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  5. Elizabeth Warren is asking a major student-loan company to cancel debt for borrowers with 'decades-old predatory private' loans. Here's how.

Elizabeth Warren is asking a major student-loan company to cancel debt for borrowers with 'decades-old predatory private' loans. Here's how.

Ayelet Sheffey   

Elizabeth Warren is asking a major student-loan company to cancel debt for borrowers with 'decades-old predatory private' loans. Here's how.
  • Sen. Elizabeth Warren led a letter urging Navient to cancel predatory private student loans.
  • The letter cited the Holder Rule, which permits relief for borrowers with fraudulent loans.

A major private student-loan company is leaving the servicing industry. But before that happens, a group of Democratic lawmakers want it to give some borrowers debt relief.

On Wednesday, Sen. Elizabeth Warren led eight of her Democratic colleagues in sending a letter — first reviewed by Business Insider — to Navient's CEO David Yowan, requesting that the company cancel "decades-old predatory private student loans" using a consumer protection law established by the Federal Trade Commission.

In January, Navient announced it would be outsourcing servicing of its private loans and commercially held loans in the Federal Family Education Loan program to MOHELA — one of the largest federal student loan servicers. This transition is expected to impact about 2.7 million borrowers, and the Democratic lawmakers wrote in their letter that "a large portion of these loans are eligible for cancellation."

That's because, the lawmakers wrote, some of those borrowers may have attended schools the Education Department later determined were fraudulent by misrepresenting their programs and pushing students to take on more debt than they could afford. While the Education Department has canceled federal student loans for some borrowers using a process known as the borrower defense to repayment, those who may have attended the same fraudulent schools but had private loans held by Navient did not get the same relief.

But there might be an avenue to still get those borrowers debt cancellation. Warren and her colleagues pointed to the Holder Rule — a consumer protection tool allowing the borrower "to cancel existing debt if a school fraudulently induced the student to enroll and had some relationship with the lender," per the Minnesota Attorney General's office.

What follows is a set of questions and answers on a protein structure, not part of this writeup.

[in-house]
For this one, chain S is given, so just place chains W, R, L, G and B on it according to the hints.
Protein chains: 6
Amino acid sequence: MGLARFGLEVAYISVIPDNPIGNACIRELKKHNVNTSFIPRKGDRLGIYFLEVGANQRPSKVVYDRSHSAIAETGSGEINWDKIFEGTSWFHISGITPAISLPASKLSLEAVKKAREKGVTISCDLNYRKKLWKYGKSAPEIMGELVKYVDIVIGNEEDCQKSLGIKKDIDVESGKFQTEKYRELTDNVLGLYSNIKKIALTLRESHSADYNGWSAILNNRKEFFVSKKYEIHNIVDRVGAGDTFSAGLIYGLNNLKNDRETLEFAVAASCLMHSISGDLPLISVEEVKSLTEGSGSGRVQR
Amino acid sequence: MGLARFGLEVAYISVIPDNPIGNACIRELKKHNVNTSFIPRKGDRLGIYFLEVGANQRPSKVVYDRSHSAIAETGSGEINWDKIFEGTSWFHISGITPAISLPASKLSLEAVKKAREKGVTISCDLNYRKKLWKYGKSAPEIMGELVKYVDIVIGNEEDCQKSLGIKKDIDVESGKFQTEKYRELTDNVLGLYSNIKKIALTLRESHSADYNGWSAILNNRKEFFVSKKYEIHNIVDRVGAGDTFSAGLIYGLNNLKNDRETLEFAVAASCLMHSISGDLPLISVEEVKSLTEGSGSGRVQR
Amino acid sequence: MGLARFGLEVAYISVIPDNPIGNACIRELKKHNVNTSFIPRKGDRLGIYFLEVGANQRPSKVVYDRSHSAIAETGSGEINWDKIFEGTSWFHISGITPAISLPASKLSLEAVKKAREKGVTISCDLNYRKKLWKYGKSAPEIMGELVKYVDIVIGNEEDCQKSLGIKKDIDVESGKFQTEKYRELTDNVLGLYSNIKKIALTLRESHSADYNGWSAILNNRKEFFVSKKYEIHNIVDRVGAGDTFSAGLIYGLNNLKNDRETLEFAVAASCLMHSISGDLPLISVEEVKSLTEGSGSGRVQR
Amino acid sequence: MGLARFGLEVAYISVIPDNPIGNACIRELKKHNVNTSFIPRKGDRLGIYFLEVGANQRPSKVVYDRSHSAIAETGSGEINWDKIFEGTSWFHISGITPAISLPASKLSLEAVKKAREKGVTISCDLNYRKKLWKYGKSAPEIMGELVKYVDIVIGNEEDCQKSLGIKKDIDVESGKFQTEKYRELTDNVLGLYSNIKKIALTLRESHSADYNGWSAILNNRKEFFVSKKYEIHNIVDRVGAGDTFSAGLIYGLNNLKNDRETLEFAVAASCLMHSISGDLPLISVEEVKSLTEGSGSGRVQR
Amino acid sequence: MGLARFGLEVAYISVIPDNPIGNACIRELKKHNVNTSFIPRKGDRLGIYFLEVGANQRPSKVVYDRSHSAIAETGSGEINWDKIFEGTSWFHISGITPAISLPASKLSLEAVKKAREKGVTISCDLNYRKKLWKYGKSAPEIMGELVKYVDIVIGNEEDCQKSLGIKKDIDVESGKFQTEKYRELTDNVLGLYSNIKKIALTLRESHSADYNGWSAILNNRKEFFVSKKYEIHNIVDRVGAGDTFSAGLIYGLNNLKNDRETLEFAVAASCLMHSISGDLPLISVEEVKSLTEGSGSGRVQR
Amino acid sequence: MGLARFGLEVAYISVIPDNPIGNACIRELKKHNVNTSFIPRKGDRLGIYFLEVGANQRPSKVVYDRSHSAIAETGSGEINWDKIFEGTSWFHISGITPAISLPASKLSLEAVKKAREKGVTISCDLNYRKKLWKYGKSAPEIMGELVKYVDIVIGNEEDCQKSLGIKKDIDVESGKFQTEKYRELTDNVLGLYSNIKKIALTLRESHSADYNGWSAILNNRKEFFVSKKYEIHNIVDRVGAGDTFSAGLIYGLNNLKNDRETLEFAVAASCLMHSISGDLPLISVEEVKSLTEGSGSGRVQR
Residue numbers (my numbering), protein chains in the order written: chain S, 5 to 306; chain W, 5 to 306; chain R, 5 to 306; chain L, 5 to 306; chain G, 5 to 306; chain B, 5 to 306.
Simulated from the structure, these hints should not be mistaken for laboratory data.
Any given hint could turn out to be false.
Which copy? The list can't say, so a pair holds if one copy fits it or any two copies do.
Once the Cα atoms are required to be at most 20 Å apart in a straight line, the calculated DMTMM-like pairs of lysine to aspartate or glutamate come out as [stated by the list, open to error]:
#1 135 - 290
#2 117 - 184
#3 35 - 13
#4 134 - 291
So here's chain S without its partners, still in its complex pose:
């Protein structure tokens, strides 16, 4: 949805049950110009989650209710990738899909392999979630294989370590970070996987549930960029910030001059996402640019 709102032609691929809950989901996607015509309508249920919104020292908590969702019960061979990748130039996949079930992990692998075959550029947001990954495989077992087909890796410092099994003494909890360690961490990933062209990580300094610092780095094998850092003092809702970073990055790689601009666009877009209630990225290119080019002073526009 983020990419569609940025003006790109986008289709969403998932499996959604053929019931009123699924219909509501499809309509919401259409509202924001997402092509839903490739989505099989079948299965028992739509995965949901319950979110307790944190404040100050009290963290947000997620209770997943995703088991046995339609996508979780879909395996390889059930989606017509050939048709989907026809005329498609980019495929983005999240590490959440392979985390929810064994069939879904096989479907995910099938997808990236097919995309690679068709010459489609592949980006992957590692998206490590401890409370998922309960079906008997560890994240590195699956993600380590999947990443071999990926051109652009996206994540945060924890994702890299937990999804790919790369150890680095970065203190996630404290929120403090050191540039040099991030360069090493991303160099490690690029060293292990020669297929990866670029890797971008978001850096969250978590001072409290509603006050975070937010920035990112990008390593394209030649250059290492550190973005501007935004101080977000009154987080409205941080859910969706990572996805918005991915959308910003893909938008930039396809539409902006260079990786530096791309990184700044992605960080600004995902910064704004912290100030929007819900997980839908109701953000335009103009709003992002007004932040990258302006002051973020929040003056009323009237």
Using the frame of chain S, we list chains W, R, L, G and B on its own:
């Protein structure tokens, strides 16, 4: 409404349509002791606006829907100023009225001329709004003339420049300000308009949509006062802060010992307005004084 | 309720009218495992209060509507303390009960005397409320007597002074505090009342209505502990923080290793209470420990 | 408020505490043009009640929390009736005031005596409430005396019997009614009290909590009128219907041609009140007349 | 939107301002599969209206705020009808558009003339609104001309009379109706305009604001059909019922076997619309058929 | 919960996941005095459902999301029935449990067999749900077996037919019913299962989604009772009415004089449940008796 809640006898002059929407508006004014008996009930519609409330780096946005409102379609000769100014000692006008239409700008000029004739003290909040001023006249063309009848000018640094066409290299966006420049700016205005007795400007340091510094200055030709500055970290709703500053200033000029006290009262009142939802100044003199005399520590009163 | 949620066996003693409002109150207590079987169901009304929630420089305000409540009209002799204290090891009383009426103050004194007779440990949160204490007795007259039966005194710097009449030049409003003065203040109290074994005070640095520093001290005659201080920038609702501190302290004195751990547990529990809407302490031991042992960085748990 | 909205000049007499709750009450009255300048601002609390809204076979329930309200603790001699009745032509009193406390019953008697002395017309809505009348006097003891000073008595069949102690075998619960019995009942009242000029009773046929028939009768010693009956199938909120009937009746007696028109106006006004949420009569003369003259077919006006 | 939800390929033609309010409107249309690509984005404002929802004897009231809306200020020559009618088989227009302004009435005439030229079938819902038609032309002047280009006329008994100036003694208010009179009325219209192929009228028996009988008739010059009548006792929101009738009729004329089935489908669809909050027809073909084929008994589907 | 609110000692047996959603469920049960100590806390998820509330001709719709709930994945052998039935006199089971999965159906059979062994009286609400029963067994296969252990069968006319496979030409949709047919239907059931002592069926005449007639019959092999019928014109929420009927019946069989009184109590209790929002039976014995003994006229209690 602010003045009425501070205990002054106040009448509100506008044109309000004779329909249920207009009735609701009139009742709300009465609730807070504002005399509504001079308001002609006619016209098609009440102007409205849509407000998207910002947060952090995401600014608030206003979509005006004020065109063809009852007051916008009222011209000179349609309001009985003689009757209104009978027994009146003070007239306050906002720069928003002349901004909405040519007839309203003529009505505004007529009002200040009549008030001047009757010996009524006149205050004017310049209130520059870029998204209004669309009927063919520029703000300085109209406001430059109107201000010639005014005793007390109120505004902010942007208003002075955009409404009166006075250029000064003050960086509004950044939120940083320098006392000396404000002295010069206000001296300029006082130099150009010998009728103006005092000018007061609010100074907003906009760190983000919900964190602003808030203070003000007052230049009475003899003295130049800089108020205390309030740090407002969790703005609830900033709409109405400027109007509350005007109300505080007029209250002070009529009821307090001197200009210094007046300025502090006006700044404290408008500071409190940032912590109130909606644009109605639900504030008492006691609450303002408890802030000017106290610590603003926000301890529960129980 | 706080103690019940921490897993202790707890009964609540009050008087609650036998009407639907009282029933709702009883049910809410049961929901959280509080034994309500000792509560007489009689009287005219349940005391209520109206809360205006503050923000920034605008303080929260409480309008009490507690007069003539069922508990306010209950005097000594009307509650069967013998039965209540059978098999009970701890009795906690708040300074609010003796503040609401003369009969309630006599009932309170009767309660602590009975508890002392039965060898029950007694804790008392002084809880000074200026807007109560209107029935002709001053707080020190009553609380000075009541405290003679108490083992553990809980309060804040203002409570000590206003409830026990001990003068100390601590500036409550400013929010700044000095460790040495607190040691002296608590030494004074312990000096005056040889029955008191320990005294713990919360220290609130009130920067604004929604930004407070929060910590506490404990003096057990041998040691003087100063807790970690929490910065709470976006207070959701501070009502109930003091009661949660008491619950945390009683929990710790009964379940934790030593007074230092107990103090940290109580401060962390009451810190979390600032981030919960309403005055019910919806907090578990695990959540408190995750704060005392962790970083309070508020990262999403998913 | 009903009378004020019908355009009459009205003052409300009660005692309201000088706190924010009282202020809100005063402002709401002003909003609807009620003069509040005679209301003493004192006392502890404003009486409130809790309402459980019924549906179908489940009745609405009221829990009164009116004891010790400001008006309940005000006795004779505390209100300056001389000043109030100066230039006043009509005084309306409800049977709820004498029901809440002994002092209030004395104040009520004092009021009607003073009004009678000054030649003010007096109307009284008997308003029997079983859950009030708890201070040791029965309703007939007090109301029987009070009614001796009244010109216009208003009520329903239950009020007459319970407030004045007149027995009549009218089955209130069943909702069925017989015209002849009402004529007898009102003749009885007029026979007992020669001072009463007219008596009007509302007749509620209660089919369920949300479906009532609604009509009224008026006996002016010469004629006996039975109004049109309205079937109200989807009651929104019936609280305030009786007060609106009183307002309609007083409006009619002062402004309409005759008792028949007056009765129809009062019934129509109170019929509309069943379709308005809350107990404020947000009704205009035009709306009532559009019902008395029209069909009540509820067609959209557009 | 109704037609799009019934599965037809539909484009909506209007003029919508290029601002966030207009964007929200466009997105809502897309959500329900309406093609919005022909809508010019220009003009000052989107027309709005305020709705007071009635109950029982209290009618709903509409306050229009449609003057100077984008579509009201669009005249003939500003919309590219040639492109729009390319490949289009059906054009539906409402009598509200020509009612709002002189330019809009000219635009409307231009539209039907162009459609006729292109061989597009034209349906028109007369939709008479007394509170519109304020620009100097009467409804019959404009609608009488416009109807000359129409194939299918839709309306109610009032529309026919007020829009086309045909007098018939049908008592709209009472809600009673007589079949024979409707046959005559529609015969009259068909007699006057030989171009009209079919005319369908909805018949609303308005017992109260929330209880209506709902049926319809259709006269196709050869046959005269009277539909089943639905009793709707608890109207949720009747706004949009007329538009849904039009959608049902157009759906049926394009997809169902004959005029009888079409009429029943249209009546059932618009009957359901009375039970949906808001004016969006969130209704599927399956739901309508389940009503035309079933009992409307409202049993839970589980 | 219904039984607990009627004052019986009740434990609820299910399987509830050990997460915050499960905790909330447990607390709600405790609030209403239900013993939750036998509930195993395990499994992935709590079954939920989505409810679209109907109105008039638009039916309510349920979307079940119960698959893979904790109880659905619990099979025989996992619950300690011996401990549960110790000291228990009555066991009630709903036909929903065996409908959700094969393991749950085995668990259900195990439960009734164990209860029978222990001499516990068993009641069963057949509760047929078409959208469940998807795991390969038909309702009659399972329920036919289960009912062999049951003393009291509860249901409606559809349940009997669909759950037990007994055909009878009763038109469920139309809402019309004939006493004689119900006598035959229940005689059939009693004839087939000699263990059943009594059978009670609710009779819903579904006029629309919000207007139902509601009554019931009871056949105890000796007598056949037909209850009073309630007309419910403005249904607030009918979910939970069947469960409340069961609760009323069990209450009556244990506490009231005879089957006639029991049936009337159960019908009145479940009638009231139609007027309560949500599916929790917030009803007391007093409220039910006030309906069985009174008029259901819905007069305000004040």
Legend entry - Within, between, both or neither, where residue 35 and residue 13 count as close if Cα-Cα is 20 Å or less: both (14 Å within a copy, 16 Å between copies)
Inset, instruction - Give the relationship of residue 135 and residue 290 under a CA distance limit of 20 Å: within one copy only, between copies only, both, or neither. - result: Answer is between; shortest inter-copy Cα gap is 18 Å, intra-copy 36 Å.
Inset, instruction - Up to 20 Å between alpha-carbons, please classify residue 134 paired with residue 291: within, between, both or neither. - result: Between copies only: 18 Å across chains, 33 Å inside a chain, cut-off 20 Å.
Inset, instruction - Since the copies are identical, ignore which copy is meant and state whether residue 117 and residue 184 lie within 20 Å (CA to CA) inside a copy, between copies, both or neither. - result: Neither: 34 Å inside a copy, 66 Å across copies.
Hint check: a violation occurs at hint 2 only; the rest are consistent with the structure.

Prior lawsuits have pointed to Navient's relationships with some for-profit schools. In 2022, Navient reached a $1.7 billion settlement with 39 states after being accused of working with for-profit schools to hand out private loans to students with high default rates. However, the settlement only included borrowers who were in default for at least seven consecutive months before June 2021. Navient did not admit any wrongdoing, and it has a process for borrowers to apply for relief. The group of lawmakers wants that process automated.

"Navient should stop making borrowers apply for relief and instead automatically cancel student debt using information the company already has about whether borrowers attended schools that would entitle them to relief," they wrote.

The lawmakers are requesting that this relief happen before Navient outsources its servicing to MOHELA. Additionally, they requested Yowan provide additional information by April 29, including the number of borrowers the company services who attended for-profit schools, how many borrowers have applied for relief using Navient's application, and how the company takes into account the Holder Rule.

While it's unclear how any debt cancellation would impact the transition of servicing responsibilities from Navient to MOHELA, Navient previously said in its announcement that the two companies would "work toward ensuring a seamless transition in the coming months and providing customers with uninterrupted servicing of their loans."

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